In fact, Nahmad, a resident of Manhattan’s Trump Tower, was one of 237 people pardoned by Donald Trump for his conviction on one federal felony count of illegal gambling, hours before the former president left office in early 2021.
Helly and David Nahmad pose in front of a Picasso painting at the Helly Nahmed Gallery in the Carlyle Hotel in 2006
The Helly Nahmad Gallery carries works by the likes of Wassily Kandinsky and Francis Bacon
DiCaprio was spotted entering the Helly Nahmad Gallery on Manhattan’s Upper East Side in 2015
Nahmad’s guilty plea was accepted on April 30, 2014 by a judge in Los Angeles who sentenced him to one year and one day in a state prison.
He was released after serving just four months of his sentence.
He then spent three years under supervised release and was ordered to forfeit $6.42million in cash plus ‘all rights, title and interest in a painted titled Carnaval a Nice by Raoul Dufy’ – which was worth about $100,000 at the time.
At sentencing, he told the judge he was ashamed. ‘My family is a private family and I have brought dishonor to it,’ he said.
‘No matter what your sentence today, I will never forgive myself. Others who love me may forgive, but I will not.’
The art dealer was among 34 co-defendants arrested for running a $100million-gambling ring for celebrities and executives in April 2013.
The scathing indictments alleged racketeering, money laundering, extortion and fraud.
They also named Molly Bloom. The Hollywood poker hostess then wrote the book Molly’s Game which was adapted into a movie with the same title by Aaron Sorkin with Jessica Chastain in Bloom’s role.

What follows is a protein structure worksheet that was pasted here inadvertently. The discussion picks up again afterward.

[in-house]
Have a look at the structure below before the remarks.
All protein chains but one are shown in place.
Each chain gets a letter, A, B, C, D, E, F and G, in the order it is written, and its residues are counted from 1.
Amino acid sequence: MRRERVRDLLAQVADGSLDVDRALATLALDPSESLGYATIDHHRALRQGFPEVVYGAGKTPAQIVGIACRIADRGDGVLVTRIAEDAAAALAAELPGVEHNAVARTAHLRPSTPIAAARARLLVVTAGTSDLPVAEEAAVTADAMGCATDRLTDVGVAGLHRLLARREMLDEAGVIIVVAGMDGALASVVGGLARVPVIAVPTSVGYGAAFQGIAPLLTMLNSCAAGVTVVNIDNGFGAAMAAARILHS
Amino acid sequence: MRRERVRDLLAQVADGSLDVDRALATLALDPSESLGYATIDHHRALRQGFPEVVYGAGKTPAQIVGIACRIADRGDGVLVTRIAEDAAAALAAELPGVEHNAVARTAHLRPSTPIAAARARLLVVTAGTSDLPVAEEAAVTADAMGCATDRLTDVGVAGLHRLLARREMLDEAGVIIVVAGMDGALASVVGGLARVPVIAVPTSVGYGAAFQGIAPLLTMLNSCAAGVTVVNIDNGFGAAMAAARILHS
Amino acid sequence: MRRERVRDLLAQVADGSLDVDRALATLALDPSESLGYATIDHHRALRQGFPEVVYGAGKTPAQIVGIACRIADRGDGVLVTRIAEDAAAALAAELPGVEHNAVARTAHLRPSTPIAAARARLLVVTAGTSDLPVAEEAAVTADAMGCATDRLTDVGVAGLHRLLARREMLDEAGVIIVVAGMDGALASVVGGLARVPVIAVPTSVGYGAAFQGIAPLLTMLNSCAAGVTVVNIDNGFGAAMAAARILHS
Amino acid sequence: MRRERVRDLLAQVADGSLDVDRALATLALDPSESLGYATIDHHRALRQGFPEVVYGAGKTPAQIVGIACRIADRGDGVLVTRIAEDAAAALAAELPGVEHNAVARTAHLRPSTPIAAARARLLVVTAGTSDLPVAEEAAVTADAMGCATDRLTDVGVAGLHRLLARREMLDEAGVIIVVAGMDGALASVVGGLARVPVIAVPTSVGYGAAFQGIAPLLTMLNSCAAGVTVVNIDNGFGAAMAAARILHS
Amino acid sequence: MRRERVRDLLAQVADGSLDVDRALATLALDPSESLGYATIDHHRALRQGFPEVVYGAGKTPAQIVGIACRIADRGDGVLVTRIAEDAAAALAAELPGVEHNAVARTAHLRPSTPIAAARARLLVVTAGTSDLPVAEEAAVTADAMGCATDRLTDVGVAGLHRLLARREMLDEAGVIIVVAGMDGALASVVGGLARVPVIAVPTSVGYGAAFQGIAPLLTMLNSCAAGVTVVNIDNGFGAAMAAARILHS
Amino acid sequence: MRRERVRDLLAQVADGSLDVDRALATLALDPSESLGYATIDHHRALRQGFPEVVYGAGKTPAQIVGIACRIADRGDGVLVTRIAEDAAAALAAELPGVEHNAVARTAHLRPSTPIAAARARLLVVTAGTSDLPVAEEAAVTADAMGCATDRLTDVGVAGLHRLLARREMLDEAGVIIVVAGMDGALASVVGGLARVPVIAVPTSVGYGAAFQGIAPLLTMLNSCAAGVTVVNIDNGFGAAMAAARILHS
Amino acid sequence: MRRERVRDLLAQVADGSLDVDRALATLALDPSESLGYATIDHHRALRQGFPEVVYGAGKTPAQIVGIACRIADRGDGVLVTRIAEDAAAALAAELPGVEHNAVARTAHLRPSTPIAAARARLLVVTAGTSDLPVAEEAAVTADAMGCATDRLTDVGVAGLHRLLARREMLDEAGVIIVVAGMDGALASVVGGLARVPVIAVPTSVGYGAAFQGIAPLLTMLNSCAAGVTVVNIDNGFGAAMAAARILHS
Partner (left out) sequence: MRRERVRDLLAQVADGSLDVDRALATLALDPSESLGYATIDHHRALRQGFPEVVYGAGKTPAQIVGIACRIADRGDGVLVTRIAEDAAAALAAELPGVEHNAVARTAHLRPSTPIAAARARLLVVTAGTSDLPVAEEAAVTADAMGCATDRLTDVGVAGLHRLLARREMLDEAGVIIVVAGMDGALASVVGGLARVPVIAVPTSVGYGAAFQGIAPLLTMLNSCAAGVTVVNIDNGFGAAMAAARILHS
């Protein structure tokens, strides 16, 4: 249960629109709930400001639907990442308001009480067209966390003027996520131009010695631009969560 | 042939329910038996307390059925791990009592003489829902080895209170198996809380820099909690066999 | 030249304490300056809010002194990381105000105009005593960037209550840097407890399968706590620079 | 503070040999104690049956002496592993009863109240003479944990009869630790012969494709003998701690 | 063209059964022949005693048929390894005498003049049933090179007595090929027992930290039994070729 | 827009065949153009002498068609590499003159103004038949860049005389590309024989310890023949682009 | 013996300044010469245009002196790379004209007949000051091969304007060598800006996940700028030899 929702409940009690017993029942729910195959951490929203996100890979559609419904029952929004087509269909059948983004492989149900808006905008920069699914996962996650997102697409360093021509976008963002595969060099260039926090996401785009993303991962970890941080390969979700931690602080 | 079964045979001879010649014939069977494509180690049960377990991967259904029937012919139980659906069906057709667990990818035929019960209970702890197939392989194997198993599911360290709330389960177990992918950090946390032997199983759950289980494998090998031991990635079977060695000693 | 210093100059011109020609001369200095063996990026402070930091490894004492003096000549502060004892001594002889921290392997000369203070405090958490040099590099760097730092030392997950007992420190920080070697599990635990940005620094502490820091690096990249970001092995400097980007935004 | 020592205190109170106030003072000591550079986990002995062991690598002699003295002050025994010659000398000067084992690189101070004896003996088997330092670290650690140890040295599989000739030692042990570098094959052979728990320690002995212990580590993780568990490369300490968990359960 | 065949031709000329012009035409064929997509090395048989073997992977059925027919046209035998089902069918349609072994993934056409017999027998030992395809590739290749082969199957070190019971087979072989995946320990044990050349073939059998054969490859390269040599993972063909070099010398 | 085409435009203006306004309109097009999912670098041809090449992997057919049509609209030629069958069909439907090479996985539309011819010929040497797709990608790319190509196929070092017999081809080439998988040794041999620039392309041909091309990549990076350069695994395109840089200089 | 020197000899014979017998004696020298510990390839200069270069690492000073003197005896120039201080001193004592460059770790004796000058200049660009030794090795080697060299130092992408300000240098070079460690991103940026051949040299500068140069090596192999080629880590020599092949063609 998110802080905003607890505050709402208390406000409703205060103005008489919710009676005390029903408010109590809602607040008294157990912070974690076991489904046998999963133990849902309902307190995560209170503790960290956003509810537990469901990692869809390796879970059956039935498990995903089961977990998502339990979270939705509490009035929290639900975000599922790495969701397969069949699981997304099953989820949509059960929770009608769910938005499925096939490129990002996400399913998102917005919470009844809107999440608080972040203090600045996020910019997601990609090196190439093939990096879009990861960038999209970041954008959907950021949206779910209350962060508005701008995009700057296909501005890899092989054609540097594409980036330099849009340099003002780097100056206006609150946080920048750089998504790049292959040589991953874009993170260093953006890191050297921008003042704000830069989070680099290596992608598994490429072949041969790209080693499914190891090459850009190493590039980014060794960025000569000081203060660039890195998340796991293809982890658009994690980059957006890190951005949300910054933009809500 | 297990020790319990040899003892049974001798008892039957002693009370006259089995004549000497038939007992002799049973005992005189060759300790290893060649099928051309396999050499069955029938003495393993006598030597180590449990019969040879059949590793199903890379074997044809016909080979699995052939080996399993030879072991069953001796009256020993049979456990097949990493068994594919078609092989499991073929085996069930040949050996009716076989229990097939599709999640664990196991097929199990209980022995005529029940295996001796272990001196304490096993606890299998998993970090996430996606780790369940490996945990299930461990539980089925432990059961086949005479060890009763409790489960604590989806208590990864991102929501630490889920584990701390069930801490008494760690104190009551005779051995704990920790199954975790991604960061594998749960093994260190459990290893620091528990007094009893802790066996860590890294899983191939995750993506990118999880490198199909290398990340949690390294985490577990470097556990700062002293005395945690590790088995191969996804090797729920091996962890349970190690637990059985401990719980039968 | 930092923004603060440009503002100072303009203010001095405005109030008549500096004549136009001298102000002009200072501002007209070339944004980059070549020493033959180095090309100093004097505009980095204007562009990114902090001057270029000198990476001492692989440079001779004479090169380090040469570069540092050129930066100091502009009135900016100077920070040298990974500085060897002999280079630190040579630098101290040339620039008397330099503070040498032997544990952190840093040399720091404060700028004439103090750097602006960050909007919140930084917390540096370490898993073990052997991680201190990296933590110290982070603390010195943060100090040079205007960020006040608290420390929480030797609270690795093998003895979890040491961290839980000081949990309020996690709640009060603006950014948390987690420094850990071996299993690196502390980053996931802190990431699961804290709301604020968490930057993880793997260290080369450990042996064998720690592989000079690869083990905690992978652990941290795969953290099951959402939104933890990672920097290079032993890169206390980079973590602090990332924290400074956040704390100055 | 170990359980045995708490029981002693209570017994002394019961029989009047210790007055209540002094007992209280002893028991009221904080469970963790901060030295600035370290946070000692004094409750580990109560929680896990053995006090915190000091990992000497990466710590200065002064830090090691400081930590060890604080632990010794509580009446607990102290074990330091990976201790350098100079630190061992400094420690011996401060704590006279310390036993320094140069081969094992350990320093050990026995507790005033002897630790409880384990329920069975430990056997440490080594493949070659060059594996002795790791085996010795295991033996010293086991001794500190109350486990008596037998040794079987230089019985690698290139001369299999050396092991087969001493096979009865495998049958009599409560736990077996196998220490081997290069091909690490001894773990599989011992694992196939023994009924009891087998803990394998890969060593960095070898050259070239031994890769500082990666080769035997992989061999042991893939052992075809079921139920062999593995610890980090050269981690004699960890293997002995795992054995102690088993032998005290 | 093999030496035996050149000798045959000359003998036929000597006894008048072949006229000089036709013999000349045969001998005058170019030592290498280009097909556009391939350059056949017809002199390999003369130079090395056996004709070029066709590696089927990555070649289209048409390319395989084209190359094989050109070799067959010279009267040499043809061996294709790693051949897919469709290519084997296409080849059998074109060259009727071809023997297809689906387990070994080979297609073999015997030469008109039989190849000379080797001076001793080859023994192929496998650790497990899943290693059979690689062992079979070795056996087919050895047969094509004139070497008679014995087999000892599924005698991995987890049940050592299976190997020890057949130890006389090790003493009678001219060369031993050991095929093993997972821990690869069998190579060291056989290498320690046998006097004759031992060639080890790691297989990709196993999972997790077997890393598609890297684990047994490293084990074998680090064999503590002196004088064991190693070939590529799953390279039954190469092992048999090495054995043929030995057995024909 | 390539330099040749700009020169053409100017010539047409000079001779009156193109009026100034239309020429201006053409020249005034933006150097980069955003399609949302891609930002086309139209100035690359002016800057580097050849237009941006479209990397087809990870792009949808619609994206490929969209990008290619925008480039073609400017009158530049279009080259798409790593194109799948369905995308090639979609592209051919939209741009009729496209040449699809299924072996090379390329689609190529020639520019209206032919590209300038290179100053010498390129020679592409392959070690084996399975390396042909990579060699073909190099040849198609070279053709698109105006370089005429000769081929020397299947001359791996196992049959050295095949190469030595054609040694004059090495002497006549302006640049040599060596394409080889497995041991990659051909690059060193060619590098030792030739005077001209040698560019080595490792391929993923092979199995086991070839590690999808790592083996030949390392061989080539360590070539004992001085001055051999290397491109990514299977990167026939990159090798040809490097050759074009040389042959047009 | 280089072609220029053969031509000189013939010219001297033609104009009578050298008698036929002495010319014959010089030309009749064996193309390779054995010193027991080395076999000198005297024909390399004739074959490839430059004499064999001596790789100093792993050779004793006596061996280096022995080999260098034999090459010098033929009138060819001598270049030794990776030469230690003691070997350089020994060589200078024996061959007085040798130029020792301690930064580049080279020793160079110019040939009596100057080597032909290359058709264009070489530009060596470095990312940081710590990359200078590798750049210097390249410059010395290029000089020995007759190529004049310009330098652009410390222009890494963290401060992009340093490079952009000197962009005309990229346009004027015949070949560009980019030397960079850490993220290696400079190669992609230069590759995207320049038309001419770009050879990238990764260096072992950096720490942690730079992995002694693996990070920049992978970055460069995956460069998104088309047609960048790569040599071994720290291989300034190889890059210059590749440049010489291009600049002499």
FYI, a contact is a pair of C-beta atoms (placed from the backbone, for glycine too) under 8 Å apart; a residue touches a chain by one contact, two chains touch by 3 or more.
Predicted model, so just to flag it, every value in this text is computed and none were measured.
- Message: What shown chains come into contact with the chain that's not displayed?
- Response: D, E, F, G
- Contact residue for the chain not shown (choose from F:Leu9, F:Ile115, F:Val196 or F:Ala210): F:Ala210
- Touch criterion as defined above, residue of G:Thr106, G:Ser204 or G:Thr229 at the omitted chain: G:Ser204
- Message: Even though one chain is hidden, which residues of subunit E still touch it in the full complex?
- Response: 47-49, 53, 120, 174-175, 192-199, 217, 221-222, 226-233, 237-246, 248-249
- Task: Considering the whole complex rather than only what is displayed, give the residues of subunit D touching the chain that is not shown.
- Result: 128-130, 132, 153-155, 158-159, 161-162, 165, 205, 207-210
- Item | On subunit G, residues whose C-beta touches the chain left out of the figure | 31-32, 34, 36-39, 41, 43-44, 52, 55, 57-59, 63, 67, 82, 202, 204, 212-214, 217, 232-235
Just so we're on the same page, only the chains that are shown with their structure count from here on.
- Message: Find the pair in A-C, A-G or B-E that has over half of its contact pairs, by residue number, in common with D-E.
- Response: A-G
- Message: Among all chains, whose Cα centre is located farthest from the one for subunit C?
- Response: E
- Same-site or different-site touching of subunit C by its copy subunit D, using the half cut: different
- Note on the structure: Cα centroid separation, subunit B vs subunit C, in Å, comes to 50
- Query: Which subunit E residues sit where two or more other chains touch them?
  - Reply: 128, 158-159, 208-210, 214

His arrest, however, wasn’t the first time Nahmad had made news.
Prior to his arrest in 2013, the wealthy art peddler was known to run in a dizzying social circle of A-list friends, which included supermodel Gisele Bündchen
Nahmad was among 34 co-defendants arrested for running a $100million-gambling ring for celebrities and executives in April 2013. He is pictured arriving at court in 2014
Modigliani’s painting Seated Man with a Cane, painting allegedly stolen by the Nazis is at the center of a complaint against Helly Nahmad
Nahmad, whose gallery is on Madison Avenue in Manhattan, became the target of a civil lawsuit that alleged he dealt in art stolen from European Jews by the Nazis before and during World War II, more particularly a painting by Amedeo Modigliani.
The complaint was filed against Helly Nahmad as an individual and his art gallery as well as patriarch David Nahmad by Frenchman Philippe Maestracci over ownership of the 1918 painting Seated Man With a Cane.
Maestracci is the administrator of the estate of Oscar Stettiner, a Jewish art dealer who sought to reclaim the painting before he passed away three years after the war ended – and eventually, the painting ended up in the possession of a mysterious Panamanian company IAC.
In 2016, leaked documents from a law firm in Panama documented the Nahmads’ links to IAC.
The matter is pending after authorities in Switzerland seized the painting, which could be worth $30million, from a warehouse in Geneva.